In today’s digital world, privacy is a crucial concern. So much so that immediate steps are being taken by governments and businesses in an attempt to stay ahead of sophisticated hackers and cybercriminals.
Here we look at a couple of the latest protections and identify five key groups that are particularly susceptible to identity theft.
If you find yourself in one or more of these groups, there are also tips to help you lessen your exposure.
Cybercriminals thrive on unmitigated social feeds. Posting anything and everything online is a habit that can cost you your identity, money, and likely both.
Before posting, ask yourself:
- Is there personal information revealed in that photo?
- Does adding a geotag really add anything to that appetizing flat lay?
- Is it essential to publicly share your agenda for your cross-country drive?
- Toggle app settings to prevent social media networks from disclosing personal information.
- Turn off location tagging, photo access, email, and phone number sharing on Twitter, Facebook, and LinkedIn.
- Enable encryption on messaging apps like WhatsApp and Telegram.
While many of us can fairly easily sniff out and avoid invasive ads or clickbait scams, young kids and the elderly can find navigating the web a danger zone.
If you have kids on the internet, always:
- Double-check their privacy settings and disable in-app game purchases.
- Turn off email notifications from non-contacts, turn off auto-fill settings, and enable kid mode.
- Informing and educating on the tell-tale signs of phishing scams, such as downloads that ask for personal info, invasive ads, and emails with suspicious links.
- Helping them link their email to yours so you can set up account oversight and ensure they’re protected from online scams.
Online shopping is fun and convenient…unless, of course, your identity gets hacked. No fun.
With your name, address, and bank info all in one place, e-commerce apps and websites are fertile hunting grounds for identity thieves.
To better protect yourself when clicking to buy:
- Forego your debit card. Credit cards have more consumer protection if things go wrong, and using them keeps your bank account info more private.
- Transact only with trusted and legitimate sites and take extra caution when engaging in e-commerce with entities you’re not familiar with.
- Stay on top of your transactions and frequently monitor your billing statements so you’ll notice right away if anything’s amiss.
The Identity Theft Resource Center found that 64%of college students aren’t particularly concerned about identity theft.
Couple that with the fact that they constantly provide personal information online for academic papers, credit offers, and student loan processes.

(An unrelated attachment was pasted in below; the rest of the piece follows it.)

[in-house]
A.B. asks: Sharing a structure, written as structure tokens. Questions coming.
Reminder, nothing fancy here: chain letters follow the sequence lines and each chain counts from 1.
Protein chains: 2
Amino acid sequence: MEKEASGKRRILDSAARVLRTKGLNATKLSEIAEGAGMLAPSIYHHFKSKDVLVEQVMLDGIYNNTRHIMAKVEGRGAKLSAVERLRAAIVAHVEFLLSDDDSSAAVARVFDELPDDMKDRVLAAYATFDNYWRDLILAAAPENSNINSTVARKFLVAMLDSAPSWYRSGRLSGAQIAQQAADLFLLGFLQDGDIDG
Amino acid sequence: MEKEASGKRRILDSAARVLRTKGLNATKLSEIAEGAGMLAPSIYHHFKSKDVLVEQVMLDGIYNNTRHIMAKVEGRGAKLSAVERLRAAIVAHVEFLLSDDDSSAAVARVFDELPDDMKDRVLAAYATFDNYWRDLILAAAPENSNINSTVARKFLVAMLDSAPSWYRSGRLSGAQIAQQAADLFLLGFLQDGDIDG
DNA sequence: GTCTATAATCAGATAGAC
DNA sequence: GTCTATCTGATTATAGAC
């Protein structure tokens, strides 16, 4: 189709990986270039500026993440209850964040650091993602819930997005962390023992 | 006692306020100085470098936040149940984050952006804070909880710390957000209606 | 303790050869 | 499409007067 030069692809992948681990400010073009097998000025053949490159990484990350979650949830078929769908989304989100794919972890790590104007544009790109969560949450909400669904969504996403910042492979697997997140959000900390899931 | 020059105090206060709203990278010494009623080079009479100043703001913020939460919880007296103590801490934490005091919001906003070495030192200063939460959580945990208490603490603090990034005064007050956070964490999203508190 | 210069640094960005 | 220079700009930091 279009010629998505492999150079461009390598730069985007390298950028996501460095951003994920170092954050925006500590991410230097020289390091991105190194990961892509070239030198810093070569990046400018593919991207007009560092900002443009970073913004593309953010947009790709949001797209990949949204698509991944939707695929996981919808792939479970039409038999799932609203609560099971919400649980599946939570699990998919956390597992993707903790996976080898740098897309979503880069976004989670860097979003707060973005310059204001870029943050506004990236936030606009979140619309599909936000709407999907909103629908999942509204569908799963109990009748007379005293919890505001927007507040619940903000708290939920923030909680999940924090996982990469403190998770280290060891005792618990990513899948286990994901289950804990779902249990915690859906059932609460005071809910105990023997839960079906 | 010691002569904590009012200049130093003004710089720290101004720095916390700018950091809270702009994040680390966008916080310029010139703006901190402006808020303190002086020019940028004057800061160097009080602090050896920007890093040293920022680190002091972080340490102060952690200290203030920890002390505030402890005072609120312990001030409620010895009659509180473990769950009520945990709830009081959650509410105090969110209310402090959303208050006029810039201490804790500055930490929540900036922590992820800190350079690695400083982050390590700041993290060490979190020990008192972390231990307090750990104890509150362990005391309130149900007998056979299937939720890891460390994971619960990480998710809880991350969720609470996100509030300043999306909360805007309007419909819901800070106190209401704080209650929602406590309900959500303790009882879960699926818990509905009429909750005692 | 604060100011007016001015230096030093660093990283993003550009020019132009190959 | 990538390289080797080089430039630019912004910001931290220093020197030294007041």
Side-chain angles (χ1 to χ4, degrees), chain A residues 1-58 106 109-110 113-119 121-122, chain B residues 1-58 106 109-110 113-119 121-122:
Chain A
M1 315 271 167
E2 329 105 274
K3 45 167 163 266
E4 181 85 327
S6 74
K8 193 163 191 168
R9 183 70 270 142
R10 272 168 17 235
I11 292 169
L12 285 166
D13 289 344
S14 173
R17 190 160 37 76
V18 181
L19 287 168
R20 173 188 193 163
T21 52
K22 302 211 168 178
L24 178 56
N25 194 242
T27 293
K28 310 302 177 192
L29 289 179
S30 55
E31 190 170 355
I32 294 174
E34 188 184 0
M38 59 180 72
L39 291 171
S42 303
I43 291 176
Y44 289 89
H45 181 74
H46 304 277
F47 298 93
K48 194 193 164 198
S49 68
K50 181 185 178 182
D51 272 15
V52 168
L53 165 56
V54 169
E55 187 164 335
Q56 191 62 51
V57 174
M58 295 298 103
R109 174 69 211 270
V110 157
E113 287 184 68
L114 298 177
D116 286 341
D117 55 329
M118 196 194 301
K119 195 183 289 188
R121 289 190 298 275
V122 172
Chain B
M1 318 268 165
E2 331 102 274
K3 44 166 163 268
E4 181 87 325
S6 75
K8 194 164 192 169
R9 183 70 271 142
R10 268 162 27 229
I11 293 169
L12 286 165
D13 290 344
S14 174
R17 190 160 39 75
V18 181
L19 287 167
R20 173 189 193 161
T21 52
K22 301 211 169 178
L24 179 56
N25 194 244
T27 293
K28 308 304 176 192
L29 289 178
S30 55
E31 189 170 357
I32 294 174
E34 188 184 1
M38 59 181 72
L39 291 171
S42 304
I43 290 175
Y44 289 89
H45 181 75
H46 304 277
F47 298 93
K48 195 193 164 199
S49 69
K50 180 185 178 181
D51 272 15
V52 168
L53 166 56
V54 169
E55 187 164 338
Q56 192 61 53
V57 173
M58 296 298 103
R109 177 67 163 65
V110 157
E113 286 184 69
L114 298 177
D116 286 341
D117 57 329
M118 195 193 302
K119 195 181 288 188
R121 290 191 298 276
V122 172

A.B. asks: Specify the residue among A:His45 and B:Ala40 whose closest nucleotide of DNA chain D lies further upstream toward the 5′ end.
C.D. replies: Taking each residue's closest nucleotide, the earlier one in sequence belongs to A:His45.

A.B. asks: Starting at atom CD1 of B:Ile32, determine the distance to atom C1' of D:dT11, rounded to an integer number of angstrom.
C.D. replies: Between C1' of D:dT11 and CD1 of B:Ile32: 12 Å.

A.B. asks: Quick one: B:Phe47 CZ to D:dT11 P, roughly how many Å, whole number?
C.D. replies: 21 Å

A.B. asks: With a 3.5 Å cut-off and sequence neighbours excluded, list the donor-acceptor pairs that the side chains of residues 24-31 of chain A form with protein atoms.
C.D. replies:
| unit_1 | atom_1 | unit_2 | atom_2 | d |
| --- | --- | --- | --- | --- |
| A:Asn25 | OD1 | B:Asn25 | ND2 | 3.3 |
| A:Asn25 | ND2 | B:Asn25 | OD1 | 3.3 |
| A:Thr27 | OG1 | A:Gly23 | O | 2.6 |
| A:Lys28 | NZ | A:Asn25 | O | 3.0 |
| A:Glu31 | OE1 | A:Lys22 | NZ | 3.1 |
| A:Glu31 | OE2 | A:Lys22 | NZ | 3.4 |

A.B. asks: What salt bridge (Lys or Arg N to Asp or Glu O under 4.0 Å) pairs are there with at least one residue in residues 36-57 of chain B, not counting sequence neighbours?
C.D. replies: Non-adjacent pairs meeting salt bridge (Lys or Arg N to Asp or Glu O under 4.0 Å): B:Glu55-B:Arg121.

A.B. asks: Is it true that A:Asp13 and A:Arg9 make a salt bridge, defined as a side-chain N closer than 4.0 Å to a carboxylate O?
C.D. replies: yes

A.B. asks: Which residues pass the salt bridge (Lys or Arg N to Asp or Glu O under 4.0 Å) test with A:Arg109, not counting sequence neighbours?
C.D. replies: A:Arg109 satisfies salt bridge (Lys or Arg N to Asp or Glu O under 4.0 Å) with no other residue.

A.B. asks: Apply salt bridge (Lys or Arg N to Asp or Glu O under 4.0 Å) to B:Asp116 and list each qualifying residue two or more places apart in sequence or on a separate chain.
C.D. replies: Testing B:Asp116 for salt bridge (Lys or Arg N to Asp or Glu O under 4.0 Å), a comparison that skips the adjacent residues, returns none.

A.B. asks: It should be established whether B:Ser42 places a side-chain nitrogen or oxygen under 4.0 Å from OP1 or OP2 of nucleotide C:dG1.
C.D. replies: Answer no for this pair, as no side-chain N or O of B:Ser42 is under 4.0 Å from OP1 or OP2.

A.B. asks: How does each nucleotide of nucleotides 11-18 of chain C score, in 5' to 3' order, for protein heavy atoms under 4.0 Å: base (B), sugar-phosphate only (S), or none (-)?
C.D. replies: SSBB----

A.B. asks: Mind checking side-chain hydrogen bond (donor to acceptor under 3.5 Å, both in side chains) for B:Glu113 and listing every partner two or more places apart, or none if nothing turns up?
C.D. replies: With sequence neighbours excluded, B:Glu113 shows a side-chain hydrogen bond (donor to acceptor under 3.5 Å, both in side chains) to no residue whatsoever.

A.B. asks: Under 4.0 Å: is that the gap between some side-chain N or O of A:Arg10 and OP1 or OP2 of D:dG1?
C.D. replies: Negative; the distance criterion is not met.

Then there’s campus mailrooms, which are particularly troublesome since strangers can randomly sift through anyone’s mail.
Students are definitely at high risk, but there are some ways they can protect themselves:
Take careful inventory of passwords and PINs, track all online transactions, and secure postal mail via a virtual mailbox.
Here is how we keep your data safe at Anytime Mailbox.
- Keep official and original documents safe at home (or parents’ home), to minimize the risk of losing or exposing private documents in messy campus dorms.
- Lastly, parents can regularly audit credit history to ensure nothing out of the ordinary happens.
When traveling, we rely on numerous online apps and websites, including sometimes using those apps while logged into Wi-Fi connections that we have no guarantee are secure.
We’re certainly more vulnerable to spying digital eyes when we’re on the road, so here’s a couple of things to keep in mind to keep those eyes off your personal info:
- Don’t travel with unnecessary IDs or credit cards. Instead, travel with minimum personal info and guard it closely.
- Set up personal data plans before going on your trip to avoid unsecured Wi-Fi connections as much as possible.
- Have VPN on your laptop or phone. It will protect your data like username, password, credit card numbers, and other personally identifying information when using unsecured Wi-Fi.
- Try your best not to broadcast your entire travel agenda on social media. It leaves digital breadcrumbs for cybercriminals to follow back to your identity. Always think before you post.
On a broad scale, laws like the California Consumer Privacy Act (CCPA) are being strictly implemented to regulate the use of personal data.
The CPAA secures the right to:
- Know how personal information is used by businesses.
- Delete collected personal information.
- Opt out of providing personal information.
- Non-discrimination for exercising the CCPA rights.
- More private companies now have privacy policies that are spelled out for their constituencies, like asking for explicit consent when gathering personal information or enabling website cookies.
- Privacy-focused browsers are getting much more traction, especially as big companies like Google are being exposed for the chinks in their data privacy armor.
While government and private sector innovations are a good start, complacency is a bad idea.
Identity theft, financial scams, privacy breaches, and insurance fraud are alive and well, and those who engage in such maliciousness work 24/7 to circumvent the safeguards.
None of us want to be looking over our digital shoulders all the time.
Fortunately, by using common sense and implementing a few simple precautions, we can enjoy the benefits of the digital realm while keeping our identities safe and sanity intact.
Good luck, and stay safe out there.